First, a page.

Sunday, February 14, 2016

Top five best worst couples in literature

Jeff Somers is the author of Lifers, the Avery Cates series from Orbit Books, Chum from Tyrus Books, and We Are Not Good People from Pocket/Gallery. He has published over thirty short stories as well. One title on Somers's list of five of the best worst couples in literature, as shared at B & N Reads:
The Least Charismatic Main Characters in a Highly Successful Novel Award: Amy and Nick Dunne (Gone Girl, by Gillian Flynn) SPOILERS AHEAD

Let’s contemplate the Dunnes: she’s a sociopath so broken by her parents’ selfish upbringing that she considers faking her own murder in order to punish her husband a reasonable course of action. He’s a slow-witted weakling who wallows in self-pity and failure, so self-involved he doesn’t notice his wife is framing him for her own murder right under his nose. If the twisty story in this book wasn’t so darn great, it would be unbearable to spend even five minutes with these two. Next time you find yourself wishing you were in a relationship, ask yourself if you know any Nick and Amys in your life—you almost certainly do. Now, consider yourself lucky you’re not them.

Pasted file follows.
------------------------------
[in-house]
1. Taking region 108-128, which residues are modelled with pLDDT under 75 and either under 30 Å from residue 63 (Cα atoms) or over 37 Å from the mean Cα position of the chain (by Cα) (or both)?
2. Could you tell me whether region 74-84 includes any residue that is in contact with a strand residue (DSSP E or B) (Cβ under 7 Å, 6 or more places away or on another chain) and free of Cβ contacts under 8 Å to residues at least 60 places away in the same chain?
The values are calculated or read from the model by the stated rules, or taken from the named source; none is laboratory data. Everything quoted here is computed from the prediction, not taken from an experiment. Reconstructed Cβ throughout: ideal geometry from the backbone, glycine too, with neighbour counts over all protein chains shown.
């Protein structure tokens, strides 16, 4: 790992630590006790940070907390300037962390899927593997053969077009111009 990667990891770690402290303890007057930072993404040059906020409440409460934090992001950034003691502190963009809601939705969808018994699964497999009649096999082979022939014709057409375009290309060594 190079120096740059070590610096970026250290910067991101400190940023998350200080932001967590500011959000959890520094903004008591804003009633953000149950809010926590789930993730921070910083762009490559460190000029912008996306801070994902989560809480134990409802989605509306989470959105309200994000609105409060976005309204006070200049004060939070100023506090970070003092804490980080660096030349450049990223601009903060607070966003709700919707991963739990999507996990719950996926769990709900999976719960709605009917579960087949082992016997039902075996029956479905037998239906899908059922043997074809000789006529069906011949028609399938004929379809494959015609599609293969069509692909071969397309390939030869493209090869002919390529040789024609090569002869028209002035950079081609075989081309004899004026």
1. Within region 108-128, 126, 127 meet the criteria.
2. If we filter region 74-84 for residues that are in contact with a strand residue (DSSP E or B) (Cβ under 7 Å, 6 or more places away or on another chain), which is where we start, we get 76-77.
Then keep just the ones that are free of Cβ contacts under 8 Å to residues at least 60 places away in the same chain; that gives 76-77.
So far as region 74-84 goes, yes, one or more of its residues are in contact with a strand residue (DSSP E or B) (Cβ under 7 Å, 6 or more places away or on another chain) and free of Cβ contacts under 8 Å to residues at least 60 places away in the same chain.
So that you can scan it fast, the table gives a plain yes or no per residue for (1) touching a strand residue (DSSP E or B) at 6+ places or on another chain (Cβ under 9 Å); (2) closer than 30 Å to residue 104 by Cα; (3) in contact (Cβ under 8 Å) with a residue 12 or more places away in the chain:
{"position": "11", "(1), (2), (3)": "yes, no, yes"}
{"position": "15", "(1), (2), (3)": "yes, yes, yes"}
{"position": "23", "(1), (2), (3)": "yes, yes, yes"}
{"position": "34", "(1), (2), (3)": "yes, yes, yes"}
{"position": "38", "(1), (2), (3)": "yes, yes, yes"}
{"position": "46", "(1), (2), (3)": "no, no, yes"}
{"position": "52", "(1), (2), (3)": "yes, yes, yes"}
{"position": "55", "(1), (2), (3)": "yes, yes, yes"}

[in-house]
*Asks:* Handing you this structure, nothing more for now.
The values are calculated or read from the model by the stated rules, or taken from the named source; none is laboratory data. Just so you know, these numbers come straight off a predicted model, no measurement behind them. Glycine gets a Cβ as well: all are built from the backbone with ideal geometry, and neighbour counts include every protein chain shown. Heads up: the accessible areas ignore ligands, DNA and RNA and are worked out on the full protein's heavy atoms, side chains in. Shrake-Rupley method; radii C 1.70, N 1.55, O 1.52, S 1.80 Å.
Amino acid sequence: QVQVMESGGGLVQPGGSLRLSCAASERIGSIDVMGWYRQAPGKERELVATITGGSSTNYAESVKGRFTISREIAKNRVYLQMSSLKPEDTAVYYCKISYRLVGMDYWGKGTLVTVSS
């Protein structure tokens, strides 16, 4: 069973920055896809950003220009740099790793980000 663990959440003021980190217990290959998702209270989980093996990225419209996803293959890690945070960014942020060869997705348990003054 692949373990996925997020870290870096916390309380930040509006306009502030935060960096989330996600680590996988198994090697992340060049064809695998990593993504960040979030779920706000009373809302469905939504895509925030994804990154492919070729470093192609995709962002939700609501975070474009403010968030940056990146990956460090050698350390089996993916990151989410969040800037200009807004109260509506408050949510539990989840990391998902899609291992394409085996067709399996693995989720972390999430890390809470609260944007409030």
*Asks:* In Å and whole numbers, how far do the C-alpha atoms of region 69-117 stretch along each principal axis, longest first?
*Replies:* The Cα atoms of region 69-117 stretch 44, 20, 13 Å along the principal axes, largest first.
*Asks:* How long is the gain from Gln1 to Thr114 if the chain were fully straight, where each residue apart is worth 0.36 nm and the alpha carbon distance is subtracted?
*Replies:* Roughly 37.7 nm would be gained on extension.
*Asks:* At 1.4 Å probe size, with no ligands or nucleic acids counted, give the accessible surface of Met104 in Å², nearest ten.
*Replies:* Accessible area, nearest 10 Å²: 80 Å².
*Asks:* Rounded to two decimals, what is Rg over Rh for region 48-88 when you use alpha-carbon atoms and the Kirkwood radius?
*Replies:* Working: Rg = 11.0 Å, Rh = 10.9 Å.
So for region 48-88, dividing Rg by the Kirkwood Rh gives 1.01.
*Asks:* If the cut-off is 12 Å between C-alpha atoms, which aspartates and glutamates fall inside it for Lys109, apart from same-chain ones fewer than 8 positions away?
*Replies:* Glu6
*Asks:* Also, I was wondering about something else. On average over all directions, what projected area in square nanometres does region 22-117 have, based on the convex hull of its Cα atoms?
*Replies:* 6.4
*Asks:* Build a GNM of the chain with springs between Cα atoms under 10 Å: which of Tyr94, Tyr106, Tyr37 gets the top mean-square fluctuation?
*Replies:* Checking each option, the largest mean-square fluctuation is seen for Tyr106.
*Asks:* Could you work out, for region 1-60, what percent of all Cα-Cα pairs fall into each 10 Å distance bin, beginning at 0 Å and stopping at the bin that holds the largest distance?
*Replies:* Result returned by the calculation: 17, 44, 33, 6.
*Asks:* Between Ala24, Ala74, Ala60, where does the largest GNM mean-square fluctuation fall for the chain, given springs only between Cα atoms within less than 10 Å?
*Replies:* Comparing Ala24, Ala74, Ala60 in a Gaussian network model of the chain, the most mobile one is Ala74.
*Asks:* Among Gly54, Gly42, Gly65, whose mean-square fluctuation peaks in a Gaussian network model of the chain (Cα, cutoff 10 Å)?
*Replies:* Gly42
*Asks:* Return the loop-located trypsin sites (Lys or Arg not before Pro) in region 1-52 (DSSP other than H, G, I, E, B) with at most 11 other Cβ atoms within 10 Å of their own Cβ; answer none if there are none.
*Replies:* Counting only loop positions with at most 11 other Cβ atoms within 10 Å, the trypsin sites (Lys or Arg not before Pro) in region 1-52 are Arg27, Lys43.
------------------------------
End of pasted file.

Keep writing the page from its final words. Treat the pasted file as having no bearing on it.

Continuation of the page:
Read about another entry on the list.

Gone Girl made C.A. Higgins's top five list of books with plot twists that flip your perception, Ruth Ware's top ten list of psychological thrillers, Jane Alexander's top ten list of treasure hunts in fiction, Fanny Blake's list of five top books about revenge, Monique Alice's list of six great fictional evil geniuses, Jeff Somers's lists of six books that’ll make you glad you’re single and five books with an outstanding standalone scene that can be read on its own, Lucie Whitehouse's ten top list of psychological suspense novels with marriages at their heart and Kathryn Williams's list of eight of fiction’s craziest unreliable narrators.

Also see: The ten worst couples in literature.

--Marshal Zeringue